Warren Buffett is probably the most famous investor who ever lived. He started investing at an early age, refined his investment strategy, learned from his mistakes, and made a fortune by investing. He is also very generous with his investment wisdom, and while he doesn’t spell out his investment strategies or thought process for everyone, investors can learn a great deal from him.
One of the most important lessons investors can take from the wizard of Omaha is that he also makes mistakes. Everyone makes mistakes, and Buffett is no exception. Despite his experience and investment wisdom he has acquired over the decades, Buffett sometimes read the market wrong or bet on the wrong company.
He believes in long-term holding, but he also doesn’t waste any time shedding a business that he deems “not good enough anymore.” And just like his buys, he might miscalculate his exits as well.
Buffett’s Canadian mistake
Warren Buffett exited his position in Restaurants Brands International (TSX:QSR)(NYSE:QSR) recently. The news broke when Buffett’s company, Berkshire Hathaway, filed a regulatory report on August 13th. We don’t know precisely when Buffett exited the position. Still, assuming that he didn’t waste a lot of time reporting and he only exited the position a few days earlier, he benefited from about a 70% recovery.
The company hit its recovery peak in July (96%). Now the question is this: If Buffett had already seen the company recover, why did he sell it in the first place? If he was expecting the restaurant or fast-food business to go down, he would have exited some other positions as well. And RBI isn’t completely in shambles either. Two of its three brands, Tim Hortons and Burger King, saw their sales decline, but Popeyes explosive growth helped balance things out a bit.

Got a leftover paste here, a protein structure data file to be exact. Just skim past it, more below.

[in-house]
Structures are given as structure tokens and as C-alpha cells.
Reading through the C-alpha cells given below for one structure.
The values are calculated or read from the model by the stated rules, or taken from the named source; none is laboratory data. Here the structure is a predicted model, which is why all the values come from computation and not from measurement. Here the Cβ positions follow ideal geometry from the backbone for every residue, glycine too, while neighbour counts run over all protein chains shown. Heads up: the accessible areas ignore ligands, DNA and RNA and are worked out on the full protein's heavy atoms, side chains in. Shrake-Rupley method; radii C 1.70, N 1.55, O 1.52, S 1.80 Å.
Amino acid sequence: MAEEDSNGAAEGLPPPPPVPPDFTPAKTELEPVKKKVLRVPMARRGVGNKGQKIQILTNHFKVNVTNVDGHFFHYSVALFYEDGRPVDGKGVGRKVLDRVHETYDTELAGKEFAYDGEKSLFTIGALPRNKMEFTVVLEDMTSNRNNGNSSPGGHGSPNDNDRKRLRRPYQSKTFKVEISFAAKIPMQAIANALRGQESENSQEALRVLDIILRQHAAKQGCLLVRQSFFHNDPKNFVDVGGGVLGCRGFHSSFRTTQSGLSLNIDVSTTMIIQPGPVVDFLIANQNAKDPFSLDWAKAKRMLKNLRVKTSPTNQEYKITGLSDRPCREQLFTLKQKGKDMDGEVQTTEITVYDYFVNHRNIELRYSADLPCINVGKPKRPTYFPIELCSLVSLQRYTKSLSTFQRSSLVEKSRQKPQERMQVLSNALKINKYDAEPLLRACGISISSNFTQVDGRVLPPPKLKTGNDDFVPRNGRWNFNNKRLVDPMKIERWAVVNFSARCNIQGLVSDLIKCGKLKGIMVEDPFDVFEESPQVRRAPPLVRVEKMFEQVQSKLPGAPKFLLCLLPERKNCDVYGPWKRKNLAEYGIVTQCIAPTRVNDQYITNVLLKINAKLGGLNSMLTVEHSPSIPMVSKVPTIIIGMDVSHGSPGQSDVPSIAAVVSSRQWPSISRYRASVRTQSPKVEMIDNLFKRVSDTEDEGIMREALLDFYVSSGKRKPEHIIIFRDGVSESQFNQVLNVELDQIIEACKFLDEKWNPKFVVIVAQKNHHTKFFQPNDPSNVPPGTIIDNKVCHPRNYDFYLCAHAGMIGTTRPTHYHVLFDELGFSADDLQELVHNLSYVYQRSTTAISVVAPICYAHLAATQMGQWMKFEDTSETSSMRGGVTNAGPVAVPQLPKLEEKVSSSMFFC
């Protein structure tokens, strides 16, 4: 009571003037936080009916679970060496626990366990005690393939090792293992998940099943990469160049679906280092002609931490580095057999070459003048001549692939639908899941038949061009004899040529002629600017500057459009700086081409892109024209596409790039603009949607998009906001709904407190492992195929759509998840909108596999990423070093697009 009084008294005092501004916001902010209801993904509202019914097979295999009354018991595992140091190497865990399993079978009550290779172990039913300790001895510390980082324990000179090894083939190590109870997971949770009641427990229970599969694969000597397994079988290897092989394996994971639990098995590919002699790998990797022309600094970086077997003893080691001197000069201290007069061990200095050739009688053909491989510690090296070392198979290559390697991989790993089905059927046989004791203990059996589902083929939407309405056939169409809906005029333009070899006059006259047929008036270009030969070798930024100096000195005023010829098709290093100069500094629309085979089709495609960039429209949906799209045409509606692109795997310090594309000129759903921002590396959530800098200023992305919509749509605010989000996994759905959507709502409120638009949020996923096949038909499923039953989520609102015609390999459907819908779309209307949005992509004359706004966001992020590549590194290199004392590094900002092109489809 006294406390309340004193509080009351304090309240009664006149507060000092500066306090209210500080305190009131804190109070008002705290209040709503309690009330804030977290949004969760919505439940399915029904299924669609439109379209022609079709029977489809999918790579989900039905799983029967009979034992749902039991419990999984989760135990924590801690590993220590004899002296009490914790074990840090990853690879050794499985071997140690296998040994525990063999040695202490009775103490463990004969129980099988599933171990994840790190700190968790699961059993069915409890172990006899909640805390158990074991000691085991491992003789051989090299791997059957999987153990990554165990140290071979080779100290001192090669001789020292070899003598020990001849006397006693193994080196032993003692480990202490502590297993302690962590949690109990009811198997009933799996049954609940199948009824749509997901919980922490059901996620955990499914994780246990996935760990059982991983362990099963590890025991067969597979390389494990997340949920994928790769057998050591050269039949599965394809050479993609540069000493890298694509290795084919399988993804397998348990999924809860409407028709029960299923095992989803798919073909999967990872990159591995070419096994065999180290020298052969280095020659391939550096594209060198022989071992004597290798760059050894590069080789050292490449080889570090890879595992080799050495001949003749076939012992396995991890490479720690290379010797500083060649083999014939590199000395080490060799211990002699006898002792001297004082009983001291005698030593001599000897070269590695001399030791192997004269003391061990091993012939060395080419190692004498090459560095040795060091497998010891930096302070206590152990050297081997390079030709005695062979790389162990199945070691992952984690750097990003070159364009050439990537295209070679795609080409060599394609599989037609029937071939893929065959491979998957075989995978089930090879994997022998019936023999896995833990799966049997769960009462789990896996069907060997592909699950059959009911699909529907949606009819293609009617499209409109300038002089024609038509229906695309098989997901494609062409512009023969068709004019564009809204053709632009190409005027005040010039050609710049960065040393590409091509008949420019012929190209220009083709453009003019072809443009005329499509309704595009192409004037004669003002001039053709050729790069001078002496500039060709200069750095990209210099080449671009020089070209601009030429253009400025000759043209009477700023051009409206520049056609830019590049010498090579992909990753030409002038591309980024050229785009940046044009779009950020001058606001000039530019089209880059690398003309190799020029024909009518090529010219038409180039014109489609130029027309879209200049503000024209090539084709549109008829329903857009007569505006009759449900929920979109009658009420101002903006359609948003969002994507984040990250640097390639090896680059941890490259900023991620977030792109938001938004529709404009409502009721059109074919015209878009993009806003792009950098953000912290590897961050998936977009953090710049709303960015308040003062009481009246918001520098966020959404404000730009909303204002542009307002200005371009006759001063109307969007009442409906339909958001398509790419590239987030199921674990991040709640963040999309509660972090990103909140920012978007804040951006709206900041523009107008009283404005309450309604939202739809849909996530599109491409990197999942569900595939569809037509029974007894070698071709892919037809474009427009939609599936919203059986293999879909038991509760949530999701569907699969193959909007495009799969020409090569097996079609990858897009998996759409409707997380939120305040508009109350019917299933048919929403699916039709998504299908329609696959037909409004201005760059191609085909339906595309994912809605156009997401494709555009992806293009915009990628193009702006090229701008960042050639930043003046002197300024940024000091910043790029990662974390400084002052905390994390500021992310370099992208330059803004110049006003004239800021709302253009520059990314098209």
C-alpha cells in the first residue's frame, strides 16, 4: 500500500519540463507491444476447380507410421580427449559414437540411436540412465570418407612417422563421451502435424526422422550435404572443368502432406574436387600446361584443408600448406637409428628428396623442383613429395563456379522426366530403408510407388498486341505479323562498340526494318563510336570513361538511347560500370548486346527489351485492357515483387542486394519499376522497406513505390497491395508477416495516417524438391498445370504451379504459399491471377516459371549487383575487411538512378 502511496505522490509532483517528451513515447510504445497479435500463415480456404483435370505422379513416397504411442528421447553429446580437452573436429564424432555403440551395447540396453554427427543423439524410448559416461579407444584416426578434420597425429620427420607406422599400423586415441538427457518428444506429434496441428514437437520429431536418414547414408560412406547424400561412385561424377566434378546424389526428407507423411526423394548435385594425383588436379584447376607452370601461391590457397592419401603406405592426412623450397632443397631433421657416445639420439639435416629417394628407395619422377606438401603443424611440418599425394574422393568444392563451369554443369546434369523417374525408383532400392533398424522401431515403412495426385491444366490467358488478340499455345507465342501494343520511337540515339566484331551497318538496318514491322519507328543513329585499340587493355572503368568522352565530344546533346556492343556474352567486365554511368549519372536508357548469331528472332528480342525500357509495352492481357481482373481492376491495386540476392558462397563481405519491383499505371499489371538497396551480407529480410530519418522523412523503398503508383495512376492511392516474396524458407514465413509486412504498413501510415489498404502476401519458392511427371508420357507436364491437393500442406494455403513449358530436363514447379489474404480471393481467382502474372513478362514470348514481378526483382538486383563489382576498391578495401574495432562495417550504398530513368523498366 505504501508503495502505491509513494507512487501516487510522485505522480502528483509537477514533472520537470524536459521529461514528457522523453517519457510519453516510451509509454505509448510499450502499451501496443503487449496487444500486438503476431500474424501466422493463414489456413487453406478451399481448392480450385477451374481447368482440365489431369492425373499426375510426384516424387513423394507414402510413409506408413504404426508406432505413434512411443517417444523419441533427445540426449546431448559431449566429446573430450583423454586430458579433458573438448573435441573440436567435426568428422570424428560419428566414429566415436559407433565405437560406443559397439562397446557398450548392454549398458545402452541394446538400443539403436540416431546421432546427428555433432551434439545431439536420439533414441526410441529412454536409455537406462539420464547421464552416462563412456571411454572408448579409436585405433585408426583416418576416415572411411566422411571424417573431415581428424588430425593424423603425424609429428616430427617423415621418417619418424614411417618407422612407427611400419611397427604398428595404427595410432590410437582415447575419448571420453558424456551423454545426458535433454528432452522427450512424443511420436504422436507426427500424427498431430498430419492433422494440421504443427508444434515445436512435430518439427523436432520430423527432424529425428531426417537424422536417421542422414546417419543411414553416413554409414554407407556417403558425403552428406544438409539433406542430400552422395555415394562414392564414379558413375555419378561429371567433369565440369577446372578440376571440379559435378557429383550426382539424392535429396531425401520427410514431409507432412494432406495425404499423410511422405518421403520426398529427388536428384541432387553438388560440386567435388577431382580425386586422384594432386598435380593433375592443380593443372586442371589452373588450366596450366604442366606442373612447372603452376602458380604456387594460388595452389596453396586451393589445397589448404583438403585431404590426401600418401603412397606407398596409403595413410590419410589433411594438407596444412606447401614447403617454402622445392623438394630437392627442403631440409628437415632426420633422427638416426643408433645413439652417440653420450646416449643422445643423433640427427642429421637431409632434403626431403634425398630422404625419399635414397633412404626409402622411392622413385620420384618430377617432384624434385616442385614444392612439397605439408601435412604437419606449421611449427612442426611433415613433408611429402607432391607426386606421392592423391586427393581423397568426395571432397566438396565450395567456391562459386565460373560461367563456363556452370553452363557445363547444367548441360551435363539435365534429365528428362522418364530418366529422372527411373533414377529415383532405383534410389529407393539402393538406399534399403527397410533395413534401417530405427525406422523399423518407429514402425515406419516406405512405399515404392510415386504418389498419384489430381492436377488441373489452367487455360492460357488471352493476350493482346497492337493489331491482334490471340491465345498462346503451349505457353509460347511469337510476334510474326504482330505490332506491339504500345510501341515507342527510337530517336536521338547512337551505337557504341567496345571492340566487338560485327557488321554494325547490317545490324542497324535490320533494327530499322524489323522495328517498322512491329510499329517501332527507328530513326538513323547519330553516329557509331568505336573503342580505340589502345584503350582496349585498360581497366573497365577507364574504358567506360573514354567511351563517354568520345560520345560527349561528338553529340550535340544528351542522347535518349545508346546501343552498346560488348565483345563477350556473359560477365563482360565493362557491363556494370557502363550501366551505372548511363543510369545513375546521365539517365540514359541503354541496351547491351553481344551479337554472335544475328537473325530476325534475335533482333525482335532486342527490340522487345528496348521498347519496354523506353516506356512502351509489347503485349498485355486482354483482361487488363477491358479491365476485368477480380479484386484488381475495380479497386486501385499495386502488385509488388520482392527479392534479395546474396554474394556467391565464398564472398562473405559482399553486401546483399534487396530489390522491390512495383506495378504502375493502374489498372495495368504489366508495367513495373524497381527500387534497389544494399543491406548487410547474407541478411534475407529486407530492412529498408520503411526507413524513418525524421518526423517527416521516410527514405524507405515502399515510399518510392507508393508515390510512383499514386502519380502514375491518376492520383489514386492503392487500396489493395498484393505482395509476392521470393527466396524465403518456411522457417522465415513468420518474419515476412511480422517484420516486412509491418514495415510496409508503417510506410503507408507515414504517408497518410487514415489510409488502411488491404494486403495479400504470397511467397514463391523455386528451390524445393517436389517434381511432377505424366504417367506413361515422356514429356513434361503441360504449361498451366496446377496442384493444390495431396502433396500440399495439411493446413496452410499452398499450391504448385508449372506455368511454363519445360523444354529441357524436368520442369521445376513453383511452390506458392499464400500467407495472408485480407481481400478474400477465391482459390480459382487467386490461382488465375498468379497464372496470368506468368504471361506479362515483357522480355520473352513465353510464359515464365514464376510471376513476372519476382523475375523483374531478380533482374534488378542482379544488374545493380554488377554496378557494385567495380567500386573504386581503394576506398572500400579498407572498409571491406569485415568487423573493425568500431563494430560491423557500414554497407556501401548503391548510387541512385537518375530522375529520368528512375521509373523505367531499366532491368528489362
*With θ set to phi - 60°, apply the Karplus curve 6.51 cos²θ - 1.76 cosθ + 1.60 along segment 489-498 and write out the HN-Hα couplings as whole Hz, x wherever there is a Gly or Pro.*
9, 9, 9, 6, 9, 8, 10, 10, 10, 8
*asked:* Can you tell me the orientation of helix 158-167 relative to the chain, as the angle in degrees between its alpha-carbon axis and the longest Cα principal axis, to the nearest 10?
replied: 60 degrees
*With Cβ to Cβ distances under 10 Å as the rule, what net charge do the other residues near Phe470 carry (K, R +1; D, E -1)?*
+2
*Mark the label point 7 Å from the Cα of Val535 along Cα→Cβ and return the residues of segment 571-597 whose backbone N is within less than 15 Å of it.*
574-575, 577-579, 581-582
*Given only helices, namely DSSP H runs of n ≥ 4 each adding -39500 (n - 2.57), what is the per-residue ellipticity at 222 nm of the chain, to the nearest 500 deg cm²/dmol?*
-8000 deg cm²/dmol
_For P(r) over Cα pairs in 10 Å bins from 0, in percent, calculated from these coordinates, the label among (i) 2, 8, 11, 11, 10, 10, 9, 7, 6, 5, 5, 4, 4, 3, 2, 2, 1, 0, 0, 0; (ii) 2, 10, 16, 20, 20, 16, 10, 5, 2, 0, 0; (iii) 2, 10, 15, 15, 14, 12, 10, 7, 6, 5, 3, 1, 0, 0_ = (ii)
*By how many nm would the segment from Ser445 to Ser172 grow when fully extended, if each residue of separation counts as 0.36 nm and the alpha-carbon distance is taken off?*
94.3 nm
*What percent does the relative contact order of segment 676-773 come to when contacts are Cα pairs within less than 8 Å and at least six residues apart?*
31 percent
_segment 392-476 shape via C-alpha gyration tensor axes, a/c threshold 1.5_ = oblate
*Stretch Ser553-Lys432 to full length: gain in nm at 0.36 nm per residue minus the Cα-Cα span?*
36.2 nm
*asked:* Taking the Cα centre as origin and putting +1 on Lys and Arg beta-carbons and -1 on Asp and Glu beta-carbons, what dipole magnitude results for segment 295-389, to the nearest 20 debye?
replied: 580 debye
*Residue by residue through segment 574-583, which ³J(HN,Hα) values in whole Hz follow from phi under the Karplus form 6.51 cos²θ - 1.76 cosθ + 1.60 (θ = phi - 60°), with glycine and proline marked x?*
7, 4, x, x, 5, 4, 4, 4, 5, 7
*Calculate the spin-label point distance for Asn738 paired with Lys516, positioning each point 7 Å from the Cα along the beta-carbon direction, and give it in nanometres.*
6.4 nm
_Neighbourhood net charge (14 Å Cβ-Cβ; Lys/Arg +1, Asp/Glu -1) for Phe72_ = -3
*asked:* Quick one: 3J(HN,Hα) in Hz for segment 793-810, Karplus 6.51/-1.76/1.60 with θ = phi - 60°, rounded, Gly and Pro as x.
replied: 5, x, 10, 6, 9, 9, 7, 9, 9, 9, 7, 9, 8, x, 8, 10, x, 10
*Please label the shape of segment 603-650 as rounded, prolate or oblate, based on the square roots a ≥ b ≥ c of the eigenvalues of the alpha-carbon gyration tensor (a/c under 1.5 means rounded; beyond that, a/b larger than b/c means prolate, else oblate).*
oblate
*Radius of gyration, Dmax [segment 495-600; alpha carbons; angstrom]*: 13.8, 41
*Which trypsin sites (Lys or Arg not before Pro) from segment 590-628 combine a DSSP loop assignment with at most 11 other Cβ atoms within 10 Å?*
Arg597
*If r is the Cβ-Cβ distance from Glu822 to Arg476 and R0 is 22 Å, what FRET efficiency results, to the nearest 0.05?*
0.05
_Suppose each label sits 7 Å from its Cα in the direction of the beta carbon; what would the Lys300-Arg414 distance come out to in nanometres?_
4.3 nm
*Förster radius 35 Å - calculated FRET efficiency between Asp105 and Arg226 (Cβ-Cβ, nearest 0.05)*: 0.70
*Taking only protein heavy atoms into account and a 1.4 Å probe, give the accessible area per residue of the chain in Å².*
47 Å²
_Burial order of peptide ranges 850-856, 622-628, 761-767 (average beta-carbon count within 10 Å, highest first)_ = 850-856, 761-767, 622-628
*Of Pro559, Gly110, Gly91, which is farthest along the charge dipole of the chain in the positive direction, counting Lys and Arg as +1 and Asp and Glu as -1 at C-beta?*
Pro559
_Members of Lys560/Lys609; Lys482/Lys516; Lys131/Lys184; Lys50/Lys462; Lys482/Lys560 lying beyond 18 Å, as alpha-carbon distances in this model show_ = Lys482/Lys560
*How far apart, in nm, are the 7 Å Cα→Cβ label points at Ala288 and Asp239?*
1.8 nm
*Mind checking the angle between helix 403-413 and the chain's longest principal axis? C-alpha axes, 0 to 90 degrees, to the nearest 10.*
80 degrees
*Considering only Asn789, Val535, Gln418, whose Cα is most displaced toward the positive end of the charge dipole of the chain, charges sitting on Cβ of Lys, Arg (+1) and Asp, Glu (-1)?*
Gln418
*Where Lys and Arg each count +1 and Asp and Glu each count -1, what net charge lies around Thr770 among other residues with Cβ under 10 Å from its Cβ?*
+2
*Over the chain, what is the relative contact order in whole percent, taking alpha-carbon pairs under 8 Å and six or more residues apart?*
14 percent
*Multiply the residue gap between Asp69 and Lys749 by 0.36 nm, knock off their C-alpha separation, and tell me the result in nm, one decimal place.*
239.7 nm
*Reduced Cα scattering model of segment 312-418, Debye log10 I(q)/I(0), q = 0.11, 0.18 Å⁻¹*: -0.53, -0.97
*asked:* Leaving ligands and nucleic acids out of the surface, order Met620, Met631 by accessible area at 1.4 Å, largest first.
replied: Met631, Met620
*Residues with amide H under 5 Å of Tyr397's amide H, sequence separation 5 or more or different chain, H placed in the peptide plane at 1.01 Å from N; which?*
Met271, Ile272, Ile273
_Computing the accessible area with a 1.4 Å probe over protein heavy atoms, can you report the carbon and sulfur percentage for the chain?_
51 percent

The company hasn’t slashed its dividends yet, and its underlying brands are still strong, especially in their home markets. Tim Hortons was having a few problems, but the company is exploring new avenues internationally.
Should you follow?
RBI’s recent quarterly report endorsed Buffett’s decision to sell the company, but it still might have been a hasty decision. The food and travel industry is suffering around the globe, and apart from a few exceptional cases, most businesses in these industries see consecutive bad quarters. The balance sheet is strong, revenue generation is picking up, and the company might turn things around in the next couple of quarters.
So if you have the company in your portfolio, especially as a dividend stock, you may want to hold on to it.
It’s highly unlikely that Buffett exited the position on a whim or some previous bias (like his dislike for airlines) dictated his decision. In another instance, he would have sold the company to free up capital for something better, but that’s not the case, especially if you consider the cash pile Berkshire Hathaway has been sitting on. We might conclude that Buffett stopped seeing RBI as a decent long-term holding.
Speaking of Warren Buffett...
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This article represents the opinion of the writer, who may disagree with the “official” recommendation position of a Motley Fool premium service or advisor. We’re Motley! Questioning an investing thesis — even one of our own — helps us all think critically about investing and make decisions that help us become smarter, happier, and richer, so we sometimes publish articles that may not be in line with recommendations, rankings or other content.
Fool contributor Adam Othman has no position in any of the stocks mentioned. The Motley Fool owns shares of and recommends Berkshire Hathaway (B shares). The Motley Fool recommends RESTAURANT BRANDS INTERNATIONAL INC and recommends the following options: long January 2021 $200 calls on Berkshire Hathaway (B shares), short January 2021 $200 puts on Berkshire Hathaway (B shares), and short December 2020 $210 calls on Berkshire Hathaway (B shares).